Dehra Dun : The ‘bugyals’ (alpine meadows) in the higher reaches of Uttarakhand are vibrating with life. Tents dot the landscape and generators provide them with power. The evenings are dedicated to Bacchus as tired men hit the bottle before turning over for the night.
No they are not trekkers from far and wide going or coming to the glacial heights, but clandestine dealers of the fungus, yarsa gumba or keeda jadi (ophiocordyceps sinensis) camped there with residents of nearby villages who are familiar with the medicinal herb, which has a long history in traditional and Chinese medicine.
According to members of the Pangu-Askot-Aarakot Expedition 2014, which traversed about 1150 kms spread over 350 villages in 36 rivers valleys of seven of the 12 districts of this small hill state, the ‘bugyals’ have been taken over by the clandestine dealers with their entourage of locals in search of the fungus, that is found at an altitude between 3000 to 5000 metres (9800 to 16,400 ft).
They claim that tents dot the landscape at the heights and generators have been specially taken to ensure that there is power. Dish antenna keep them informed of the happenings besides providing entertainment and bottles are transported on mule backs to keep the locals in good humour, as they are the mainstay of the dealers.
Yarsa guma or keeda jadi is a fungus that parasitizes larvae of ghost moths and produces a fruiting body values not only as an aphrodisiac but also used in the treatment of kidney liver diseases and even cancer.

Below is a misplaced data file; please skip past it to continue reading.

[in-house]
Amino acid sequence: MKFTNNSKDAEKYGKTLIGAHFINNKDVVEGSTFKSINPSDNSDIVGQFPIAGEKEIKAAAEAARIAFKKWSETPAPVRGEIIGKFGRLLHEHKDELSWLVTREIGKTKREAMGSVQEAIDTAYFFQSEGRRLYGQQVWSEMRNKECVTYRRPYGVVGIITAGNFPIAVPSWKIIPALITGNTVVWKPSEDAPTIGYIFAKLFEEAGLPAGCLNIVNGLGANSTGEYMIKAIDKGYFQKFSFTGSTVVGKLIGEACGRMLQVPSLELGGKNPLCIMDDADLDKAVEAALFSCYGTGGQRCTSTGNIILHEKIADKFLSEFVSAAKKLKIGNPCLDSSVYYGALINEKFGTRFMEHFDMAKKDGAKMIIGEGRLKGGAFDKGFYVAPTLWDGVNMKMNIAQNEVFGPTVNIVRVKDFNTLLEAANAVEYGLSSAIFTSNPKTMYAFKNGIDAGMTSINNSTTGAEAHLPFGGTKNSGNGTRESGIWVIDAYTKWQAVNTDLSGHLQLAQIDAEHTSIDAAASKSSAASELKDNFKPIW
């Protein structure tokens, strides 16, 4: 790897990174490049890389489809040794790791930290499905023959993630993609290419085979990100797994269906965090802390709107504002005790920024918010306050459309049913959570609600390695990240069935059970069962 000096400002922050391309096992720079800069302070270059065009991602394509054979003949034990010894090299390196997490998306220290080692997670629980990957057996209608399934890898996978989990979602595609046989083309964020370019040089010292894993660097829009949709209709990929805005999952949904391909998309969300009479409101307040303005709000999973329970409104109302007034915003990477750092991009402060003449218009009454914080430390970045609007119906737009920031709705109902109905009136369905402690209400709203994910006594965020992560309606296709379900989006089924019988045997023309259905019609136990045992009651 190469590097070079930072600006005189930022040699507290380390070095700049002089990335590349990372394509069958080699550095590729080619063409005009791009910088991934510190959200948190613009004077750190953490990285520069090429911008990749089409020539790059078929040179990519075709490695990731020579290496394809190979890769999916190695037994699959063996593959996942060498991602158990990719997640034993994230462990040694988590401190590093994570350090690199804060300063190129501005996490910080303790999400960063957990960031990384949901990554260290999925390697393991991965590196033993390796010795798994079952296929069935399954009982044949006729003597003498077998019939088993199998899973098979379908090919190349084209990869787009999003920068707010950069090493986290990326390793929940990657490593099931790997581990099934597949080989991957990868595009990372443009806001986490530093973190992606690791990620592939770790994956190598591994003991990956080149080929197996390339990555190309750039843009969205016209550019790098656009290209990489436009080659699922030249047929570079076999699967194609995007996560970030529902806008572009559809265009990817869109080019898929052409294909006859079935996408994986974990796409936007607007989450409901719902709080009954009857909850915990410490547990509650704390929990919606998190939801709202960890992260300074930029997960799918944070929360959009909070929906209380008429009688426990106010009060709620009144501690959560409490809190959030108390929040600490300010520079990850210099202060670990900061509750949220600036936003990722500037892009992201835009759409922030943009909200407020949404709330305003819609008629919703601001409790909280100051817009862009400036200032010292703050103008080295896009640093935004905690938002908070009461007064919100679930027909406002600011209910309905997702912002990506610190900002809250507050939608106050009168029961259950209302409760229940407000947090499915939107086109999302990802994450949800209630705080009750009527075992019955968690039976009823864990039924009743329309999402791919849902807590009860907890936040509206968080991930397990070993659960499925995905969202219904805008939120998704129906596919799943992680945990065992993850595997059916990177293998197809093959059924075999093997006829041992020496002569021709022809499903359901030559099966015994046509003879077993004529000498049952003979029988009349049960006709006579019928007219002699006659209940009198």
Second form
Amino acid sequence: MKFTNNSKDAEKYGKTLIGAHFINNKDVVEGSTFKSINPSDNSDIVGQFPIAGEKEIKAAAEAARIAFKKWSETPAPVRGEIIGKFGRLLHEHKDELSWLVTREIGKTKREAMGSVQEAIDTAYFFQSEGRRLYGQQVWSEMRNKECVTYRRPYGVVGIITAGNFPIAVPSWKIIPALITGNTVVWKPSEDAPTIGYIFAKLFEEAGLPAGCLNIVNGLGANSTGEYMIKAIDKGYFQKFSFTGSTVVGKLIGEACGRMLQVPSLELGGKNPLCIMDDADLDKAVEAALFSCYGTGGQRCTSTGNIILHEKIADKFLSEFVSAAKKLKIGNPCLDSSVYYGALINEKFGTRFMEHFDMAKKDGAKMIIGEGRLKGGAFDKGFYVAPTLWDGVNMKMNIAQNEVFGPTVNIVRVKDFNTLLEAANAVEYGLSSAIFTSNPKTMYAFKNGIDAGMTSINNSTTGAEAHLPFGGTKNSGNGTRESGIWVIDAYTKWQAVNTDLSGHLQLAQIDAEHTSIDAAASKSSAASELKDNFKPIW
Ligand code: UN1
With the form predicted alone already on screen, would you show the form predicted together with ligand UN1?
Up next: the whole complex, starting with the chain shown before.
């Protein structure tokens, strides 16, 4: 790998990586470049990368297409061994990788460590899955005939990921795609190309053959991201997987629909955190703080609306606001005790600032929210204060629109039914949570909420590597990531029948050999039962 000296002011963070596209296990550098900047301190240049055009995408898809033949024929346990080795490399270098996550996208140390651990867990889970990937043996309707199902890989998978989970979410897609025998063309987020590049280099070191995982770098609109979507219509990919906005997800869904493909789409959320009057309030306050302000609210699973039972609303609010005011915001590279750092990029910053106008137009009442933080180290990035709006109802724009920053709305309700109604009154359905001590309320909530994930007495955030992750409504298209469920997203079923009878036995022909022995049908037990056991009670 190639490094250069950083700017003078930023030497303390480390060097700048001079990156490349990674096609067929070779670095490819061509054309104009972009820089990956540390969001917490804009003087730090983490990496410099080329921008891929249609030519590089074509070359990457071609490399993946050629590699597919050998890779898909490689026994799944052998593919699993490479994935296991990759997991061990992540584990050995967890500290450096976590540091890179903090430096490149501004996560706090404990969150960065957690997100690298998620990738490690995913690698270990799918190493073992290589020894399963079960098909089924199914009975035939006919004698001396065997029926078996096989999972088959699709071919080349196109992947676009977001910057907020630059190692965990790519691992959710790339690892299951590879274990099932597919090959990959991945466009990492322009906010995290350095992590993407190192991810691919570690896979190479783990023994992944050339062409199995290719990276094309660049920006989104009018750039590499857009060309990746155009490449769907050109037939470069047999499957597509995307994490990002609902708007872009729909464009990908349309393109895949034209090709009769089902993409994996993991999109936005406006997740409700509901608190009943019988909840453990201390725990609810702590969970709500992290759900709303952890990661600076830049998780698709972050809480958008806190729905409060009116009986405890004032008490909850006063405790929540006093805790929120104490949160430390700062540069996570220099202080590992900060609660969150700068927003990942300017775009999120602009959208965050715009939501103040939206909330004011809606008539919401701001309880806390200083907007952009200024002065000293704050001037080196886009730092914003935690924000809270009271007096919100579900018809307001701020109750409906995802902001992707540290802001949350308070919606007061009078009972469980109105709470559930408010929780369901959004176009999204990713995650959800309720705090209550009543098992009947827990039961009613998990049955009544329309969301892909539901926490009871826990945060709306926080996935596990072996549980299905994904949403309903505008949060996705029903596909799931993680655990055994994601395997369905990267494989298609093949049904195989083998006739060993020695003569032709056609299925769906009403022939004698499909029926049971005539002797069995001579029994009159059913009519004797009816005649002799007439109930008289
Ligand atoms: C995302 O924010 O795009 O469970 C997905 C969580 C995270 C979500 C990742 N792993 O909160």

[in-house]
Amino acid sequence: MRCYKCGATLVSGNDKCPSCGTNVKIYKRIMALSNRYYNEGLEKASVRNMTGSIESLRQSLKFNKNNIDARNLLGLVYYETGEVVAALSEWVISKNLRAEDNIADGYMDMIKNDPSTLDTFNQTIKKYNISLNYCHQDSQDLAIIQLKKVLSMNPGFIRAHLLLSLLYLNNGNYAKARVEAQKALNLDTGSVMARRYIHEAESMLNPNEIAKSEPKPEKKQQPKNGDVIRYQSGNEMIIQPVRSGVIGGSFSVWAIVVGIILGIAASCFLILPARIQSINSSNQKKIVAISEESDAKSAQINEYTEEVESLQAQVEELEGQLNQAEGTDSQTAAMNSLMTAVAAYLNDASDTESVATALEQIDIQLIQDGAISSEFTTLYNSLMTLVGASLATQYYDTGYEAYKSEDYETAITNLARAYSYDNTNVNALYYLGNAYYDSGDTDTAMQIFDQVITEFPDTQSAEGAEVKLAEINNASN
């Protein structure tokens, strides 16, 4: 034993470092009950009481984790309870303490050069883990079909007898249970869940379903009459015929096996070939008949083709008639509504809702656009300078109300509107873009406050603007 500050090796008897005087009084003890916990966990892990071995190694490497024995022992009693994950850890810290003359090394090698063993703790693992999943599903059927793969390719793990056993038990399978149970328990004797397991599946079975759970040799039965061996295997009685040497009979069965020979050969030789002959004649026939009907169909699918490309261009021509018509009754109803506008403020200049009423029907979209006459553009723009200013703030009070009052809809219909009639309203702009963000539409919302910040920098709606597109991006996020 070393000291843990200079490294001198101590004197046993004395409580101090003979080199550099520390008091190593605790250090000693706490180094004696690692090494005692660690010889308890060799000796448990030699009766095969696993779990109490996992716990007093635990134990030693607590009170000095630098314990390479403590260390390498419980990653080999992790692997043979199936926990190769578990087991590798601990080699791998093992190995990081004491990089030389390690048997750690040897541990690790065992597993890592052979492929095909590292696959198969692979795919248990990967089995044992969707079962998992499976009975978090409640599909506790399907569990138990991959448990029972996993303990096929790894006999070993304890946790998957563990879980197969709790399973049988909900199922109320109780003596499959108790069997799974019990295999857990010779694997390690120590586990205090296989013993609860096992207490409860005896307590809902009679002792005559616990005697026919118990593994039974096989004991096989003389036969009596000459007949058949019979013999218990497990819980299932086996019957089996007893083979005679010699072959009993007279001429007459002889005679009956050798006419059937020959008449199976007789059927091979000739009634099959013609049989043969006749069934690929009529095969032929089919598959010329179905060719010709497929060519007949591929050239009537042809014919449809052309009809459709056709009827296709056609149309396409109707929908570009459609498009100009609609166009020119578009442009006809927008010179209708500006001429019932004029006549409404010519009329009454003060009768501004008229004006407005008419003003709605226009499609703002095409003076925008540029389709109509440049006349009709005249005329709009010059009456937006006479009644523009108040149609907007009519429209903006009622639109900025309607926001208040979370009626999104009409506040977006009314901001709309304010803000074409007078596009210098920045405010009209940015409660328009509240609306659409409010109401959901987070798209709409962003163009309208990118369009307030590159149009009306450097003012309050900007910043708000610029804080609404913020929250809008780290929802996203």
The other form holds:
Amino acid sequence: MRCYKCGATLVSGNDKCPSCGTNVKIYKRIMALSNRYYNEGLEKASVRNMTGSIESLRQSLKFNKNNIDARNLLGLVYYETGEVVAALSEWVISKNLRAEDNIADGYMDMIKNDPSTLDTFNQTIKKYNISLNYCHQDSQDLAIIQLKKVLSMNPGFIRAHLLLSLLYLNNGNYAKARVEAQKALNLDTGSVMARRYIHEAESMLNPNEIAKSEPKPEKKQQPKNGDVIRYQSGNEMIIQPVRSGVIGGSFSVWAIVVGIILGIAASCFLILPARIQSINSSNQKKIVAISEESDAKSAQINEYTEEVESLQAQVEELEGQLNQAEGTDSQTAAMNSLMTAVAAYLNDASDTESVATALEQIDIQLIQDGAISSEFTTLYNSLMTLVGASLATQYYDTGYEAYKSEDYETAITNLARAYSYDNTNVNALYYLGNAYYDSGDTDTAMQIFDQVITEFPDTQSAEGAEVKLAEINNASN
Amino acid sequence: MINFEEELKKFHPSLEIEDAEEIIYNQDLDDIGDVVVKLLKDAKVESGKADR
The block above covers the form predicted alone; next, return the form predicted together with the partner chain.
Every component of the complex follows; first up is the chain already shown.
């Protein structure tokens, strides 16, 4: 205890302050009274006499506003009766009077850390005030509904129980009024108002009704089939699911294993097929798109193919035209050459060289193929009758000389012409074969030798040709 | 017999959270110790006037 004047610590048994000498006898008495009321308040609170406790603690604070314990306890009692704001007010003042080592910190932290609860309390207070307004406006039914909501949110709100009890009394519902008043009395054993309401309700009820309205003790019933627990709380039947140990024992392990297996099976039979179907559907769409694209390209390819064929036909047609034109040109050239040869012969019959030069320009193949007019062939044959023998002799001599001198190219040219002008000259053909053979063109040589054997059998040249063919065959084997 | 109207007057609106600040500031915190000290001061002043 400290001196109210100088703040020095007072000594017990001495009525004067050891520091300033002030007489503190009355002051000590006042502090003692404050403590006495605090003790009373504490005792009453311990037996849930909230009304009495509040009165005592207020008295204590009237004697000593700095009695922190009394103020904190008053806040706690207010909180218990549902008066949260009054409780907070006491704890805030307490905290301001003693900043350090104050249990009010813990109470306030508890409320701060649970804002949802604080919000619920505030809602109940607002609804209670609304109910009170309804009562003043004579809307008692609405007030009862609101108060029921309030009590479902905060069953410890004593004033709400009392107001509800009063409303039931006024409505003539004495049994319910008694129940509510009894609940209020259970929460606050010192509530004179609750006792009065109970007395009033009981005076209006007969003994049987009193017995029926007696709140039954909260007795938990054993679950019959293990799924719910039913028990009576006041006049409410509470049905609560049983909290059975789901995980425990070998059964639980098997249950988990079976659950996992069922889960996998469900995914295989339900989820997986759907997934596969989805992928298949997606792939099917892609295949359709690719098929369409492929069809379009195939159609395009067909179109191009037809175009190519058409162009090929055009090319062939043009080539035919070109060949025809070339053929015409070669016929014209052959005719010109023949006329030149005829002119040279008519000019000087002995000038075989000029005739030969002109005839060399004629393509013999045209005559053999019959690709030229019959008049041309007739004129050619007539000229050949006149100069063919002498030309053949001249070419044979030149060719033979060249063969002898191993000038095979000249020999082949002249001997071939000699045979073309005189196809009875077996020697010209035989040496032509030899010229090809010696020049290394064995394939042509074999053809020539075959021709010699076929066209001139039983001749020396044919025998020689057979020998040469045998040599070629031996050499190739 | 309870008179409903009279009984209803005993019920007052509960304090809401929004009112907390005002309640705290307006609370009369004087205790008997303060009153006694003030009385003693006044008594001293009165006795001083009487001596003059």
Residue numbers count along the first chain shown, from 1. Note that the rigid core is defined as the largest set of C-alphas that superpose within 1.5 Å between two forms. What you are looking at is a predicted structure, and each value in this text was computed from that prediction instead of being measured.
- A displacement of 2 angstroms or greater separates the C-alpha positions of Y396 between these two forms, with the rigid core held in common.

The fungus germinates in the living larva, kills and mummifies it and then a stalk like fruiting body emerges from the corpse.
It is yet not cultivates commercially and over-harvesting and over-exploitation have led to its classification as an endangered species in China, where it is still in great demand.
The dealers reportedly give their harvest of the fungus to Nepali traders at costs ranging from Rs 10 to 15 lakhs per kg. It is said that the traders take back the fungus by helicopters.
The western world was largely unaware of the fungus prior to 1993, when three female Chinese athletes, Wang Junxia, Qui Yunxia and Zhang Linli broke five world records for 1500, 3000 and 10,000 metre races at the Beijing National Games. This attracted attention and also suspicion and it was expected that the three would fail drug tests for anabolic steroids.
However, the tests revealed no illegal substances and their coach Ma Junren told reporters that the runners were taking ophiocordyceps sinensis and turtle blood at his request.
However, for the 2000 Sydney Olympics Ma Junren withdrew some of his athletes at the last minute as it was speculated that the new doping tests would have revealed illegal substances.
Nepal and Bhutan have developed a system for the exploitation of the fungus and ensuring that clandestine dealers do not over exploit it, there is no policy for exploitation of the fungus in this small hill state.
This is perhaps why as soon as the snow melts and the bugyals are fit for camping, dealers reach there with residents of the local villages who know the local terrain and where the fungus can be found.
Incidentally, this was the 40th year of the Pangu-Askot-Aarakot Expedition which was first undertaken in 1974. It is undertaken once every 10 years with earlier expeditions having taken place in 1984, 1994 and 2004.
Members said that in the bordering areas of Nepal, villagers on the Indian side mostly use sims of Nepali telecom companies as connectivity of India companies is very poor.